Some Indian manufacturers have been using imported so-called 'blue wafers' to make solar cells in India. These semi-processed cells, which require little value addition are counter-productive to the purpose of encouraging domestic manufacturing industry to scale up, according to MNRE. The ministry has hence cautioned manufacturers from using these for solar cells for its PV projects.
- MNRE has clarified it won’t allow the use of imported blue wafers for PV cells to be used for its programs where domestically manufactured PV cells and modules are required
- Instead, it wants manufacturers to use undiffused silicon wafer or black wafer to produce solar cells in India with every step of the way being truly local
- This condition will also apply to manufacturing-linked PPA tenders being launched by the SECI
- Such steps, states MNRE, will help establish a strong solar manufacturing base in India
Power Finance Corporation, India Incorporates 5 SPVs To Prepare Transmission System To Evacuate 35.9 GW Solar Power
(31. May 2020)
Brainchild Of Indian Prime Minister Narendra Modi ‘One Sun One World One Grid’ Taking Shape; MNRE Wants Consultant To Draw Roadmap & Implement Program
(29. May 2020)
Fate Of 600 MW Solar Project With INR 2.44/kWh As One Among Lowest Winning Tariffs In India Uncertain As ACME Solar Cites Force Majeure Events Including COVID-19 To Terminate Power Purchase Agreements
(21. May 2020)
For some of its flagship programs, the Government of India has made it mandatory for developers to use domestically manufactured solar cells, such as Kisan Urja Suraksha Evam Utthan Mahabhiyan (KUSUM) with 25.75 GW target and 12 GW under CPSU Scheme Phase-II.
Since the country doesn’t have a full-fledged and established vertically integrated domestic PV manufacturing capacity, the Indian Ministry of New and Renewable Energy (MNRE) points out that some manufacturers have been importing semi-processed solar cells, called blue wafers, and turn them into complete cells with little value addition in India.
For this reason, it has now clarified that if this doped silicon wafer or blue wafer is imported and used as raw material for manufacturing of solar cells in India, these will not qualify as domestically manufactured for MNRE’s schemes and programs.
It now defines a solar cell as domestically manufactured when it is produced within India using undiffused or non-doped silicon wafers, referred to as black wafer and classifiable under Customs Tariff Head 3818. MNRE specifies that all steps/processes required for manufacturing solar PV cell from un-doped silicon wafers have been carried out in India.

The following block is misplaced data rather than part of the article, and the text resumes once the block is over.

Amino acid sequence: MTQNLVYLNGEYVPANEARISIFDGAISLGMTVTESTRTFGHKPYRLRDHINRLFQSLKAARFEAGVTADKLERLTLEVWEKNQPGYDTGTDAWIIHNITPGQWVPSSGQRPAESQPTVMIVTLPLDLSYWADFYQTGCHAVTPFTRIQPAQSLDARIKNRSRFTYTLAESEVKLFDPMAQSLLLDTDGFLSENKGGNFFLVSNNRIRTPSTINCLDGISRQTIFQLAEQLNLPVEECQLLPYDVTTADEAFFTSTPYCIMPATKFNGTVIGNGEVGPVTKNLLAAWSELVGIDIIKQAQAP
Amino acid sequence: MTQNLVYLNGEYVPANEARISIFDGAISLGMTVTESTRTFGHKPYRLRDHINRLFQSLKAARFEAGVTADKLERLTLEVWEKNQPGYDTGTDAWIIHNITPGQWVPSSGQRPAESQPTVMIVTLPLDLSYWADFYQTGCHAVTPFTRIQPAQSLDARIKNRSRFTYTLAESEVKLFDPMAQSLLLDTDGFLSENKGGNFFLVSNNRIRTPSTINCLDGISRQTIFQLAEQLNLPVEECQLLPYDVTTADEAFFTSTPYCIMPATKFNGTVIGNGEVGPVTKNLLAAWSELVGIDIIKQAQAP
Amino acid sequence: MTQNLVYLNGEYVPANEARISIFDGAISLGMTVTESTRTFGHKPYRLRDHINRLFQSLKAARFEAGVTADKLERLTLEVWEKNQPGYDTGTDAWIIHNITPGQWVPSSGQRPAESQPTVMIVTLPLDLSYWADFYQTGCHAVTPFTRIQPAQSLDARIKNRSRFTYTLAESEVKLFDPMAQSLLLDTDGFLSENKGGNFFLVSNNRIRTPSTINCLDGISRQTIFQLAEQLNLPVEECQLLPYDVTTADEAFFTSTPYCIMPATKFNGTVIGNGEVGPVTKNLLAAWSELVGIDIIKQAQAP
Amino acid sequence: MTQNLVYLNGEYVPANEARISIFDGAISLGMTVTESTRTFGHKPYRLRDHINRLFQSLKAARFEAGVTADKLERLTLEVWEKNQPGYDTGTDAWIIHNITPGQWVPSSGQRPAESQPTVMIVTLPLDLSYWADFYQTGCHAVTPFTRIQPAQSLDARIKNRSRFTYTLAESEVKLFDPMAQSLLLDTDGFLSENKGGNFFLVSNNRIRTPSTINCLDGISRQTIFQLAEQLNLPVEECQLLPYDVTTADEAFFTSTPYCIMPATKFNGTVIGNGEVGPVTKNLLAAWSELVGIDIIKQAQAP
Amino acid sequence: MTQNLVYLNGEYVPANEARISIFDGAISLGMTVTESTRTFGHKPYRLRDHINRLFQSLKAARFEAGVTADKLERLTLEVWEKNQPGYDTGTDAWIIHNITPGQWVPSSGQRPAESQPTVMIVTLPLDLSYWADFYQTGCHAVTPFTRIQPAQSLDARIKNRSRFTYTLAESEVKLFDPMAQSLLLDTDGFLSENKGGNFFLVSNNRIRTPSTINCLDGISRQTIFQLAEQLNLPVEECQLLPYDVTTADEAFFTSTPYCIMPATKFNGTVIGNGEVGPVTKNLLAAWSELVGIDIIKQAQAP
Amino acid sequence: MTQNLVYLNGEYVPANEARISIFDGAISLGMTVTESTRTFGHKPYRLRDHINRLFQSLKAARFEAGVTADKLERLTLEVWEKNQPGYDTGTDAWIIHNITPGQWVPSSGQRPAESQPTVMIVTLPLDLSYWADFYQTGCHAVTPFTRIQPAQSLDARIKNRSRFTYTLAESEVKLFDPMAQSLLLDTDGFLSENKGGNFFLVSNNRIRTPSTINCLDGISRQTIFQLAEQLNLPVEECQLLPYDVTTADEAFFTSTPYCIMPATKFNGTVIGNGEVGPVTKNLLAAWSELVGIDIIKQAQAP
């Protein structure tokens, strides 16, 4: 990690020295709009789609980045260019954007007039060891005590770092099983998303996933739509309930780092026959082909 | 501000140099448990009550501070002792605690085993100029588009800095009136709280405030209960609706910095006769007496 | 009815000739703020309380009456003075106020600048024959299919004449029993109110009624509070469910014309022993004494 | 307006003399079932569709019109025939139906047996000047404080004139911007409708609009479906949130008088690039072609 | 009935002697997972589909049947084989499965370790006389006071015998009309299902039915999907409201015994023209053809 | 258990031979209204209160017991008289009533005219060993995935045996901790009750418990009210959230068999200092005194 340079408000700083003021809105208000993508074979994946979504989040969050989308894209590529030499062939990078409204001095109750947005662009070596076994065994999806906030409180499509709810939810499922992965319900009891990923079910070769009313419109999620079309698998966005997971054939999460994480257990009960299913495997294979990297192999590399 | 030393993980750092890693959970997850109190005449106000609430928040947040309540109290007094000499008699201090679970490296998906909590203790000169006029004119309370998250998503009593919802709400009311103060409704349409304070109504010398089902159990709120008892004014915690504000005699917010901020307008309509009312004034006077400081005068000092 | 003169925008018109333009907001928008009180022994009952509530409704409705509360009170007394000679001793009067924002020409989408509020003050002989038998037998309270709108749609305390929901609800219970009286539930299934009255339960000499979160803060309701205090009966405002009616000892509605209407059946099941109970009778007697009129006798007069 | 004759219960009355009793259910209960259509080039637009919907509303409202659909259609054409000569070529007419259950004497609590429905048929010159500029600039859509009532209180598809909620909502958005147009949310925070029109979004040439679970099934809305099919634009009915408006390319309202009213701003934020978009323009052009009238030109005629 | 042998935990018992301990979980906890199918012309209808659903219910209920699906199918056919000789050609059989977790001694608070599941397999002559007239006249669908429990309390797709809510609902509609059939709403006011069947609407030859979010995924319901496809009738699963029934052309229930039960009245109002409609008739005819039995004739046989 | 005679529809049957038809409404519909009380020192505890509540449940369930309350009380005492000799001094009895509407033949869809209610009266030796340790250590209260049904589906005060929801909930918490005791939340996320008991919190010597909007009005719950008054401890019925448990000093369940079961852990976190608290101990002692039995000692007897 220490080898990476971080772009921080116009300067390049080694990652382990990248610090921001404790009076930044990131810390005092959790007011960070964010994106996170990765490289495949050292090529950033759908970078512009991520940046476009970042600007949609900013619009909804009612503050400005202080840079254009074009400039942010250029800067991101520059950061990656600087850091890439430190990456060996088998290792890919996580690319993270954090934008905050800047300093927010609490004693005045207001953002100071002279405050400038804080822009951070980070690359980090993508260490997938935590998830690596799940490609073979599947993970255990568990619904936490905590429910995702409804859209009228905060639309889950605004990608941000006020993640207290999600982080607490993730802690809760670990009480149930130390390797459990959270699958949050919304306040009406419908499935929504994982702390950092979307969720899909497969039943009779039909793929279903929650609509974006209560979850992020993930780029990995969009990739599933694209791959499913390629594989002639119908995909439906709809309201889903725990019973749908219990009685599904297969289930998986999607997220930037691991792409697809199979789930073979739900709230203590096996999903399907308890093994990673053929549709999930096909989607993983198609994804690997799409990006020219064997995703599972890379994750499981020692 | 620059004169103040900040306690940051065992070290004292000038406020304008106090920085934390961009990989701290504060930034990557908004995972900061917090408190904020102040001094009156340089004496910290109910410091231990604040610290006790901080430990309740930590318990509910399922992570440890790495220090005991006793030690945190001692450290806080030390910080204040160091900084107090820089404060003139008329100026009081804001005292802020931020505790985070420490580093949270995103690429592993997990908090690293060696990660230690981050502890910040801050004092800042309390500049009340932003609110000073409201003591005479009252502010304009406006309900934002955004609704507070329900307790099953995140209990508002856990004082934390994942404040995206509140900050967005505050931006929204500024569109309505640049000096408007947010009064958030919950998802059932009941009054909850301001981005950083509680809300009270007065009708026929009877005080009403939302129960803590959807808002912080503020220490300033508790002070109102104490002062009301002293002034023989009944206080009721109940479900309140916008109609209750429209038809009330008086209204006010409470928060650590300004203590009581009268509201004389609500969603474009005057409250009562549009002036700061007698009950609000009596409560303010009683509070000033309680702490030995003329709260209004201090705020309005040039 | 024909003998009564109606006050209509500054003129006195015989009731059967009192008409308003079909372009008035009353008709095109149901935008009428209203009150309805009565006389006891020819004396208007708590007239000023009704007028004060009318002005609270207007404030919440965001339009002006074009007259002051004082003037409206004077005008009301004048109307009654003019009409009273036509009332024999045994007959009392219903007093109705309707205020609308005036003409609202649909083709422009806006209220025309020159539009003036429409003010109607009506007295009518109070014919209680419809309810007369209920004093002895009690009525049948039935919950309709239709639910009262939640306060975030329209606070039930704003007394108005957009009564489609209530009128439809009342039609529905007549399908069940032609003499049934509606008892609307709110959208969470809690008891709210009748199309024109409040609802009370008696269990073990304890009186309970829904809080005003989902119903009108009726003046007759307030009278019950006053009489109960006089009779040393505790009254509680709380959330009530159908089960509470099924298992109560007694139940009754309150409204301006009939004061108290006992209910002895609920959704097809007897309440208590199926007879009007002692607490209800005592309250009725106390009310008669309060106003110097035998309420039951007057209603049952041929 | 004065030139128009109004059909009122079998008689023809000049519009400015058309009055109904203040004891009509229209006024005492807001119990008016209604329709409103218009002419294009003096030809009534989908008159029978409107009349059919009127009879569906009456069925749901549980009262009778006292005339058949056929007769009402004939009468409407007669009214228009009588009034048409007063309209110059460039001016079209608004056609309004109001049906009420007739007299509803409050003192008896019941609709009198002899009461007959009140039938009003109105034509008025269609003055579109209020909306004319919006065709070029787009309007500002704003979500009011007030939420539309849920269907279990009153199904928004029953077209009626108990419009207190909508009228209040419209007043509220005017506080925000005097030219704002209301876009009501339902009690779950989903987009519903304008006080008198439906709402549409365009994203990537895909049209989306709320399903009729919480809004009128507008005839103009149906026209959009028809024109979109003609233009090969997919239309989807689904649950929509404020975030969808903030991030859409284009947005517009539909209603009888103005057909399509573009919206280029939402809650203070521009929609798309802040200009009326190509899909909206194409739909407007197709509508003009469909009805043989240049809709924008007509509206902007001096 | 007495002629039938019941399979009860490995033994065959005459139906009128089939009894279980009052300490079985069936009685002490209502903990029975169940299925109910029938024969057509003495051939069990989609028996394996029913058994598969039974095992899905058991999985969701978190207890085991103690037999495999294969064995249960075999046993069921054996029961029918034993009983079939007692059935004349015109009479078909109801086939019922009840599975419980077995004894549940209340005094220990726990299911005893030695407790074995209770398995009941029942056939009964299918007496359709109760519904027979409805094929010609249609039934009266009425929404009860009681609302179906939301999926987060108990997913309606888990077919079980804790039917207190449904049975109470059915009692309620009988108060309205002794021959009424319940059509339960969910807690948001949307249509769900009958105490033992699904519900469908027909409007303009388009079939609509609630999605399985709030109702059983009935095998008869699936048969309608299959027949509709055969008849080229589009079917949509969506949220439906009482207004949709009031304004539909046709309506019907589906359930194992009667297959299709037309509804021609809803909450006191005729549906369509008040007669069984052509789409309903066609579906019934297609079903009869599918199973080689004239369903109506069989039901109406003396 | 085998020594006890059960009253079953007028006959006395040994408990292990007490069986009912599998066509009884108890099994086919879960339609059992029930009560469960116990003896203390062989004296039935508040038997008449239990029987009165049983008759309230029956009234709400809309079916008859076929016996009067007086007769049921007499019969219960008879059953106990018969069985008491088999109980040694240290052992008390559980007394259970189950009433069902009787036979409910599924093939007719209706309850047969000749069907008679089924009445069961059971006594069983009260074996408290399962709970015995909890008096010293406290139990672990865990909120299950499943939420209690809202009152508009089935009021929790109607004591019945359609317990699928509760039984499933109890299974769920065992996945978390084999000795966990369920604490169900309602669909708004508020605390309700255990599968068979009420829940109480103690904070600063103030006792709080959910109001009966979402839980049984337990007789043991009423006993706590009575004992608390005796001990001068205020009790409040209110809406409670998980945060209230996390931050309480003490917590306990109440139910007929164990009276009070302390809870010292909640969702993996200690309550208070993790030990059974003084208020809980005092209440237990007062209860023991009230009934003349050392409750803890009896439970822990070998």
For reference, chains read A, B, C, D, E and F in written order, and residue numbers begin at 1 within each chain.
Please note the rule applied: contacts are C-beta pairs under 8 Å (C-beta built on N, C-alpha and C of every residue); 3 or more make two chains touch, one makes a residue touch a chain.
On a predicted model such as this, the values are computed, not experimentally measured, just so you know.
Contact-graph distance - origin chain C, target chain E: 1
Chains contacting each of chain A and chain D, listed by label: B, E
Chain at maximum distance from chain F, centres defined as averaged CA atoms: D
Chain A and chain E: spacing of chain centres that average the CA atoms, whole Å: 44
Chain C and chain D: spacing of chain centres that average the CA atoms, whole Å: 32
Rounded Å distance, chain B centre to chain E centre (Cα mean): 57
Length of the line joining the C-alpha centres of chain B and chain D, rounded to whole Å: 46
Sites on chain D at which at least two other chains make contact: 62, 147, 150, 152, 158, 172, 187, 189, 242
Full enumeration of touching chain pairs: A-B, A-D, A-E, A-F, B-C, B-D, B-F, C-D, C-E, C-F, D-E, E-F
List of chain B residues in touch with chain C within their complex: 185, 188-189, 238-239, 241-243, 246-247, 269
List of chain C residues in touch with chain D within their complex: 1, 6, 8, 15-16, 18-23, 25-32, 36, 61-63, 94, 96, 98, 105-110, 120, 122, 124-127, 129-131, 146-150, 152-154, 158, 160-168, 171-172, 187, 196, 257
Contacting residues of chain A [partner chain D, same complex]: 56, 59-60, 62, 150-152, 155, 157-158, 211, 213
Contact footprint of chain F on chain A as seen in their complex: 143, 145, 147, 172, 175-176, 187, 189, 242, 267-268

Undiffused silicon wafers will also need to be used to manufacture solar cells for manufacturing facilities required to be set up under the Solar Energy Corporation of India’s (SECI) manufacturing-linked PPA initiative. However, the first such tender issued by SECI has been through several changes without exciting market interest; for the last one the solar power capacity was increased from 6 GW to 7 GW linked with 2 GW of manufacturing plant capacity (see India: Draft Guidelines For Hybrid Wind PV Projects).
The ministry believes this step will help in establishing a strong solar manufacturing base in India.
According to Mercom India Research, post the imposition of safeguard duty on imported solar PV cells and modules in the country in July 2018 Indian modules have become cost-competitive, rooftop project developers and EPC companies told the renewable energy market intelligence firm; moreover, the lead time for small scale projects was reduced.
“While it is good to hear that local manufacturers are doing better since the imposition of the safeguard duty, it is concerning that the domestic manufacturing industry is heavily dependent on and expanding based solely on duties, which is very risky,” said Raj Prabhu CEO of Mercom Capital Group. Adding, “Conducive rooftop solar policies by the government will also help domestic manufacturers as installers find it more convenient to procure modules locally.”